While the NBA's annual trade deadline has come and gone without the barrage of deals that has characterized years past, some moves (or the decision not to move) will undoubtedly affect the second half of the season more than others.
Fortunately for the Clippers, owner Donald Sterling shrewdly elected not to mortgage away the team's future and avoided the one absolute deadline no-no: Doing a deal simply to do a deal.
Here's what to expect from the winners and losers at the trade deadline:
Los Angeles Clippers
Sometimes it's actually the decision not to make a trade that makes a team a deadline winner.
Point guard Eric Bledsoe is just 23 years old, and at this point in his young career, one can argue that he's been more successful than former Kentucky teammate and 2010 top overall pick, John Wall. Bledsoe is a blur with the ball, a dynamic and harassing on-ball defender and he still has tremendous growth left in his game. The Clippers have an opportunity to win now, but with the core of Bledsoe, Blake Griffin, 24; DeAndre Jordan, 23; and Chris Paul, 27, the future is even brighter. As great as the Paul-Griffin combo is, Bledsoe brings the Clippers an exceptional fifth gear, and his first-rate athleticism tops even that of CP3.
Bledsoe ranks eighth among point guards in player efficiency and ninth in win percentage (per ESPN Stats & Info). The criticism of Bledsoe is that he's prone to turnovers and isn't a true lead guard. That may be, but Kentucky Head Coach John Calipari told HuffPost that Bledsoe, in sharing guard duties with Wall at UK, reminded him of Russell Westbrook at UCLA, who also tended to play off the ball. There is also this: Bledsoe will earn a mere $2.6 million in 2013-14, the final year of his rookie contract -- making him perhaps the best bargain in the league.
Had the Clippers added a piece like Kevin Garnett, it wouldn't have guaranteed a title this year -- but it very likely would have guaranteed a less bright future.
Remember when GM Daryl Morey desperately tried to get Dwight Howard last summer? Well, now the Rockets have stayed under the salary cap while snagging the fifth pick of the 2012 draft, Thomas Robinson, who's a potentially great asset either to trade or be their power forward for the future. Plus, now they've got max-level cap room. It doesn't get much better than that.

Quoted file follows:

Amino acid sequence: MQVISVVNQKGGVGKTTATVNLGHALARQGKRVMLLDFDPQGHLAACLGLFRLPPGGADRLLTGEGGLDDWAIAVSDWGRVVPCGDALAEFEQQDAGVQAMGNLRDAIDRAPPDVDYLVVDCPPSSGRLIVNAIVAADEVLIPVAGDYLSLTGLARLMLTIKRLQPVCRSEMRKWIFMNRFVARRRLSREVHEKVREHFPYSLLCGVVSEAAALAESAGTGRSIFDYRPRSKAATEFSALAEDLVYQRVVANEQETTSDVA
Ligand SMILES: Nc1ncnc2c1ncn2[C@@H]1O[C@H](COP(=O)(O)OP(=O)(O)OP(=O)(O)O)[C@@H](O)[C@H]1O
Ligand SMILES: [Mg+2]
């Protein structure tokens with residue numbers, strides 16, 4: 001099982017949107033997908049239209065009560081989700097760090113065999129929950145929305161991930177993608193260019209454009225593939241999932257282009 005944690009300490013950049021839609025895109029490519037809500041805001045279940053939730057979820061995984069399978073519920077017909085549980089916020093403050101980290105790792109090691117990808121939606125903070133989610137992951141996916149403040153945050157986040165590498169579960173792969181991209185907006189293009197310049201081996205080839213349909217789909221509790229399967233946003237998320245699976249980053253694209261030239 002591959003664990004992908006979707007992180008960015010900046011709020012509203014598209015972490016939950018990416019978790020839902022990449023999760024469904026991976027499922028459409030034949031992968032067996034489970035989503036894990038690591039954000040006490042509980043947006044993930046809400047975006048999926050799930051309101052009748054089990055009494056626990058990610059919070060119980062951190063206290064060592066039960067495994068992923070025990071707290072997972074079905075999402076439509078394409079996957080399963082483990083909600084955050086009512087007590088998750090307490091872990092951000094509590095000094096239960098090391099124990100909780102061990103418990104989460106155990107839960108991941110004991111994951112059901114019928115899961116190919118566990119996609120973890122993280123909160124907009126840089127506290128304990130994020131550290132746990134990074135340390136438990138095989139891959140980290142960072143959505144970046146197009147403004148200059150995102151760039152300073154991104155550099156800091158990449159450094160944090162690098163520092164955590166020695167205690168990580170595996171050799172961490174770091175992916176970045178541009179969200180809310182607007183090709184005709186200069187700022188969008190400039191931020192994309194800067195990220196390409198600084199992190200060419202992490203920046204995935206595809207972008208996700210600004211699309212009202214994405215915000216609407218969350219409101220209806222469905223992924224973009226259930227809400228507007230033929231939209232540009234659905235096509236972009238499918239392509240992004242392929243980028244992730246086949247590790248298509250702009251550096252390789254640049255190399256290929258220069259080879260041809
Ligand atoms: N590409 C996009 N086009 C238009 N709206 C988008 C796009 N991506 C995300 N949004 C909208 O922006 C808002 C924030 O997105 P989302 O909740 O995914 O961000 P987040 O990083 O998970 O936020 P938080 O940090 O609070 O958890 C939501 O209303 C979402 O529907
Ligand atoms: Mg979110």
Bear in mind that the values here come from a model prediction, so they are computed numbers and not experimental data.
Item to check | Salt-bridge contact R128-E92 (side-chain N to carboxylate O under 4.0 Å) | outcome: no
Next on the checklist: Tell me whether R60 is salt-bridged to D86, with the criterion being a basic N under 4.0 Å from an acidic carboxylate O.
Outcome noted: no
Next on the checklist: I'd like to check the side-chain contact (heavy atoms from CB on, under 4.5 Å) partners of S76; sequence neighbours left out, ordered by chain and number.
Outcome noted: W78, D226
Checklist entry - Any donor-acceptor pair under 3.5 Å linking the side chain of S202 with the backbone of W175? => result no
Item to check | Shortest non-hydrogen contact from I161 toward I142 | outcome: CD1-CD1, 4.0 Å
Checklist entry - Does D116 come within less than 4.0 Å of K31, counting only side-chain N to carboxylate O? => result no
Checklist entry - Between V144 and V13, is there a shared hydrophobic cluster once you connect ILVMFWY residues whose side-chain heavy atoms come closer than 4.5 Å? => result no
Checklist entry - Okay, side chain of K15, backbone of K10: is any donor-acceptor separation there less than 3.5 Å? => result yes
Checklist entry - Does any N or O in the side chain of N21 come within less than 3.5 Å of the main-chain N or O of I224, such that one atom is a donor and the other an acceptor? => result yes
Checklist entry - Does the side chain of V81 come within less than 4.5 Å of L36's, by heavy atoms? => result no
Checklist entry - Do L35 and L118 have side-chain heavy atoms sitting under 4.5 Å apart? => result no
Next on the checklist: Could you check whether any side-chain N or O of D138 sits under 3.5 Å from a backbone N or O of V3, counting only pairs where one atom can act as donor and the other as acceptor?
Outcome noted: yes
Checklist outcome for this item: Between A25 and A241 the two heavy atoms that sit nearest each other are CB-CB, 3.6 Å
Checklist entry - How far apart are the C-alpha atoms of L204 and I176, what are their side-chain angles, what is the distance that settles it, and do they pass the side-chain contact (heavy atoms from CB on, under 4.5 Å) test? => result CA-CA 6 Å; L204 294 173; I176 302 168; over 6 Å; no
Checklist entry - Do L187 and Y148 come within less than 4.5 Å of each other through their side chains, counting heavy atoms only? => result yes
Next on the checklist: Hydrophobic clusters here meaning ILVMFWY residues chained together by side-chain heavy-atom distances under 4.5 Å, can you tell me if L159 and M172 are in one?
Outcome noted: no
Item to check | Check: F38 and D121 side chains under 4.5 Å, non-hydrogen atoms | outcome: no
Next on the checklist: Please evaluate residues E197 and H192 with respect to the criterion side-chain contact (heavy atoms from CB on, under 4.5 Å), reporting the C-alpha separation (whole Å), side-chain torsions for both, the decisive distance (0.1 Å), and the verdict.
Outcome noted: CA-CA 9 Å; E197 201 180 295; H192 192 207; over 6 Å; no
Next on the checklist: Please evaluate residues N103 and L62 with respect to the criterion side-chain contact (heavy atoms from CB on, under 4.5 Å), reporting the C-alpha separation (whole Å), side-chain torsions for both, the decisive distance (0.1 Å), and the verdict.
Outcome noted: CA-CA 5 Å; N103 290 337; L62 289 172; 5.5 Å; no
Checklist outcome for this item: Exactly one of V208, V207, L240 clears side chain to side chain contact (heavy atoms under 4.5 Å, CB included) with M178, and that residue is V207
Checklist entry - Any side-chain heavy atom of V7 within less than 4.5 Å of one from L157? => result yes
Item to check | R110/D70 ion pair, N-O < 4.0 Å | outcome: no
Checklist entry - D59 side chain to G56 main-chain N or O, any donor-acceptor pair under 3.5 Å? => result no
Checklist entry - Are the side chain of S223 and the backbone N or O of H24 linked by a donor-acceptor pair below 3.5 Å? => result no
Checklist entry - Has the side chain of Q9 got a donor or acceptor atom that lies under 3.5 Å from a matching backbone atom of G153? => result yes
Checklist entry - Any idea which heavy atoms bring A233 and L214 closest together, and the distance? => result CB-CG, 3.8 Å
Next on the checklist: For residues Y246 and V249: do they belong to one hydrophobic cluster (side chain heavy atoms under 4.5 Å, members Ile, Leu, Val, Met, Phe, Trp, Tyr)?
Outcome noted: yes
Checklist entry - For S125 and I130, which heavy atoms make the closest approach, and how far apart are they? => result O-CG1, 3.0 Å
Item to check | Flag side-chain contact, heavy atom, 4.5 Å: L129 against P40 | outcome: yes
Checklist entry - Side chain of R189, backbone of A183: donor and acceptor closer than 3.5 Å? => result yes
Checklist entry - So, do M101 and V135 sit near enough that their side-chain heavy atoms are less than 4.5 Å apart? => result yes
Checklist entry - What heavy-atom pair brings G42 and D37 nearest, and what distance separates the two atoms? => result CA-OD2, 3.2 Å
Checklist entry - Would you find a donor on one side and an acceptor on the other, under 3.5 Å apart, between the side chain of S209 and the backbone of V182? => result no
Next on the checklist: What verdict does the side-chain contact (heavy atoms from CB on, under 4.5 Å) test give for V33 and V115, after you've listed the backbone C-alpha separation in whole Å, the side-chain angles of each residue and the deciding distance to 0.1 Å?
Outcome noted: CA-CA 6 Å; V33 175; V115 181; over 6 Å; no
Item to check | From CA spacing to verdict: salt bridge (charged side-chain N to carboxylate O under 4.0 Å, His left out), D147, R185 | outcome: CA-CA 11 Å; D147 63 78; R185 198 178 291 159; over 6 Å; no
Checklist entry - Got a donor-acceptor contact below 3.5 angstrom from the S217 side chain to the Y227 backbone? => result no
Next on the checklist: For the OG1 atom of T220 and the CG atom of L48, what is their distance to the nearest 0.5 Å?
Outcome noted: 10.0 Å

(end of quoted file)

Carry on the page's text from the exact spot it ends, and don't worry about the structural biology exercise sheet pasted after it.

Los Angeles Lakers
Dwight Howard looks like a petulant 7-year-old on the court, Pau Gasol is in street clothes, and both Steve Blake and Antawn Jamison are playing 20-plus minutes a night. Not to mention the untimely death of beloved team owner Jerry Buss. It's a dark cloud that's hanging over Lakerland.
Keeping Howard, however, is just making matters worse. Best-case scenario for LA this season is an eight seed, which translates into a sweep by either OKC or San Antonio. Howard, soon to be a free agent, is likely gone after this season. The deadline was the best chance to extract value for him. Given the uncertainty of an aging Kobe and an injured Gasol, taking the chance on Howard simply resigning is not good enough.
Normally it's Rockets' GM Daryl Morey who's worried about being cash strapped, but Sacramento and its broke owners, the Maloof brothers, have taken belt-tightening to an entirely new level.
To recap: They passed on Damian Lillard, Harrison Barnes and Andre Drummond to take Thomas Robinson fifth overall in last year's draft. Then they trade Robinson for Patrick Patterson and a couple of scrubs? The additional $1 million that came as the deal's "ancillary prize" fits in here somehow as well, as does the roughly $4 million this deal saves the franchise this season.
In this league, there are going to be cap moves, especially with the luxury tax getting worse, but this move is a joke. While Robinson may have struggled (and I've never been a huge fan), he's only 21 years old and, despite his lackluster teammates, is shooting 37 percent from 10 to 15 feet (per Hoopdata.com), a number you can certainly live with.
As it stands, the Kings' best players are DeMarcus Cousins, Isaiah Thomas, Marcus Thornton, Jason Thompson and the unmistakeable Tyreke Evans, who was the one asset worth trading. What a splendid quintet of young talent!
In related news, they will likely have the league's lowest payroll, down from the second lowest this season. But hey, at least there is still the Jimmer.
Email me at email@example.com or ask me questions about anything sports-related at @Schultz_Report.
Ed Note: A previous edition of this article did not list DeMarcus Cousins as a member of the Kings.